The views, opinions and positions expressed by these authors and blogs are theirs and do not necessarily represent that of the Bioethics Research Library and Kennedy Institute of Ethics or Georgetown University.

Bioethics Blogs

Where to publish and not to publish in bioethics – the 2017 list

Allegedly, there are over 8.000 so called predatory journals out there. Instead of supporting readers and science, these journals serve their own economic interests first and at best offer dubious merits for scholars. We believe that scholars working in any academic discipline have a professional interest and a responsibility to keep track of these journals. It is our job to warn the young or inexperienced of journals where a publication or editorship could be detrimental to their career and science is not served. We have seen “predatory” publishing take off in a big way and noticed how colleagues start to turn up in the pages of some of these journals. While many have assumed that this phenomenon mainly is a problem for low status universities, there are strong indications that predatory publishing is a part of a major trend towards the industrialization of misconduct and that it affects many top-flight research institutions (see Priyanka Pulla: “In India, elite institutes in shady journals”, Science 354(6319): 1511-1512). This trend, referred to by some as the dark side of publishing, needs to be reversed.

Gert Helgesson, Professor of Medical Ethics, Karolinska InstitutetThus we published this blog post in 2016. This is our first annual update (the previous version can be found here). At first, we relied heavily on the work of Jeffrey Beall, a librarian at the University of Colorado, who runs blacklists of “potential, possible, or probable” predatory publishers and journals. His lists have since been removed although they live on in new form (anonymous) at the Stop predatory journals site (SPJ) and they can also be found archived.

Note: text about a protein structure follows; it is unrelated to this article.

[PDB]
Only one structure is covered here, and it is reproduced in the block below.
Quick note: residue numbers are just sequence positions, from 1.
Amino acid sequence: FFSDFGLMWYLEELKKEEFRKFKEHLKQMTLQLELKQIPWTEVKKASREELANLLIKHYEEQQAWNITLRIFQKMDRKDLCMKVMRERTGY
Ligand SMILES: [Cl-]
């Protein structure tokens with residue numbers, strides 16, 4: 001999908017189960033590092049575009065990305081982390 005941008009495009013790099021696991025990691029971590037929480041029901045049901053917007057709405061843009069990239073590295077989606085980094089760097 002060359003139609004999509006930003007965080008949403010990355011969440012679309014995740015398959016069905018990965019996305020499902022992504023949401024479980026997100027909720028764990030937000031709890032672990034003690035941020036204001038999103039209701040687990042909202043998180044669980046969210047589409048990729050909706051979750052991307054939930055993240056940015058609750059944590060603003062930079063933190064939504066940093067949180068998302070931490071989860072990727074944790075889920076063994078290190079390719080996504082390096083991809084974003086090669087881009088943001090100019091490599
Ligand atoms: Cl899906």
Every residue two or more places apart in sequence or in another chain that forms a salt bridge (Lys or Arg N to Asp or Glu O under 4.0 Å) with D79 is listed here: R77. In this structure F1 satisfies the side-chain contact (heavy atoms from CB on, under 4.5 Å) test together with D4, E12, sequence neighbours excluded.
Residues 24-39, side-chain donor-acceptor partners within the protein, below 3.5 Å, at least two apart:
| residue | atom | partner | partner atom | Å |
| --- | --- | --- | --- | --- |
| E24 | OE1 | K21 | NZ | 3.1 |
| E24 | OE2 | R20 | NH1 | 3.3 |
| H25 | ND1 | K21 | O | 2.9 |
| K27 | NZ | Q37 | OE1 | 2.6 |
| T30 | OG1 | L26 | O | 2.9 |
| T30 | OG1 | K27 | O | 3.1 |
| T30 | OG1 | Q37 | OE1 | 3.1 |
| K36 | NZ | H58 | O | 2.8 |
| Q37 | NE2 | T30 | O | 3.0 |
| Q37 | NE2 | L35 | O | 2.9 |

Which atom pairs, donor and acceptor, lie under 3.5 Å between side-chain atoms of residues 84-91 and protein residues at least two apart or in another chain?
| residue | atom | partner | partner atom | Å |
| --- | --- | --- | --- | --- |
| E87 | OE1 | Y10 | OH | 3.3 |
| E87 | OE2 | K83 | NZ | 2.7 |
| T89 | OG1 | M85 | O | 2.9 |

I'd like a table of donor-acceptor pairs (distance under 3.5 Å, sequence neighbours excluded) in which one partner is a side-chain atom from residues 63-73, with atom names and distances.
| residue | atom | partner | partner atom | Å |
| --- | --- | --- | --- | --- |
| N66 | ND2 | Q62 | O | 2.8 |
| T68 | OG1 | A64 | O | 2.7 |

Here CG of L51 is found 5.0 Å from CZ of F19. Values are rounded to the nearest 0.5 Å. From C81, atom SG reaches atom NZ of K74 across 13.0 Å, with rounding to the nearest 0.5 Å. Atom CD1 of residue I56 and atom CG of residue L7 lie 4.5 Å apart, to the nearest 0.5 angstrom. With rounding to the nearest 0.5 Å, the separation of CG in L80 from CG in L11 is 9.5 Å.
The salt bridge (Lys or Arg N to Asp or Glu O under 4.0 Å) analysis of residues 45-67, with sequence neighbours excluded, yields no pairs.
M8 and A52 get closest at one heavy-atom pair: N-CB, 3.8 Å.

The views, opinions and positions expressed by these authors and blogs are theirs and do not necessarily represent that of the Bioethics Research Library and Kennedy Institute of Ethics or Georgetown University.

Bioethics Blogs

Bending the Odds: Pedagogy and Dialogue in Large Lecture Courses by Sandra Hyde

As academics in large public research universities, I am always amazed that when we speak of an ideal pedagogy, we speak about our small intimate seminars where we have the time and resources to experiment with 25 students or less. In my 13 years of teaching, I look forward to those settings when I get to teach one small undergraduate seminar a year. Over the years, I have also tried to make my large lecture hall shrink by trying to utilize different techniques to foster student based learning and most important, to create more interactive group problem solving and reduce the teacher as lord model of education. While this often works in small seminars, those wonderful nuggets of intimate interactive learning, I find it a challenge to accomplish this when I am in large lecture halls (over 200 students) with limited to graduate student teaching support.

In a large Introduction to Medical Anthropology course (what is called Anthropology 227 at McGill), I have worked over the years to integrate more student-interactive learning. I often compare teaching this course to managing a large ocean-liner with staff of different standing and students who are extremely eclectic as they are drawn from across campus from multiple faculties. For example, students in engineering and medicine will take the course as their one social science requirement and for others they find introduction to medical anthropology intriguing. Students in the humanities are also looking to take their one social science course. There are also medical practitioners and their allied health colleagues often nursing students returning to university to complete their BS.

The views, opinions and positions expressed by these authors and blogs are theirs and do not necessarily represent that of the Bioethics Research Library and Kennedy Institute of Ethics or Georgetown University.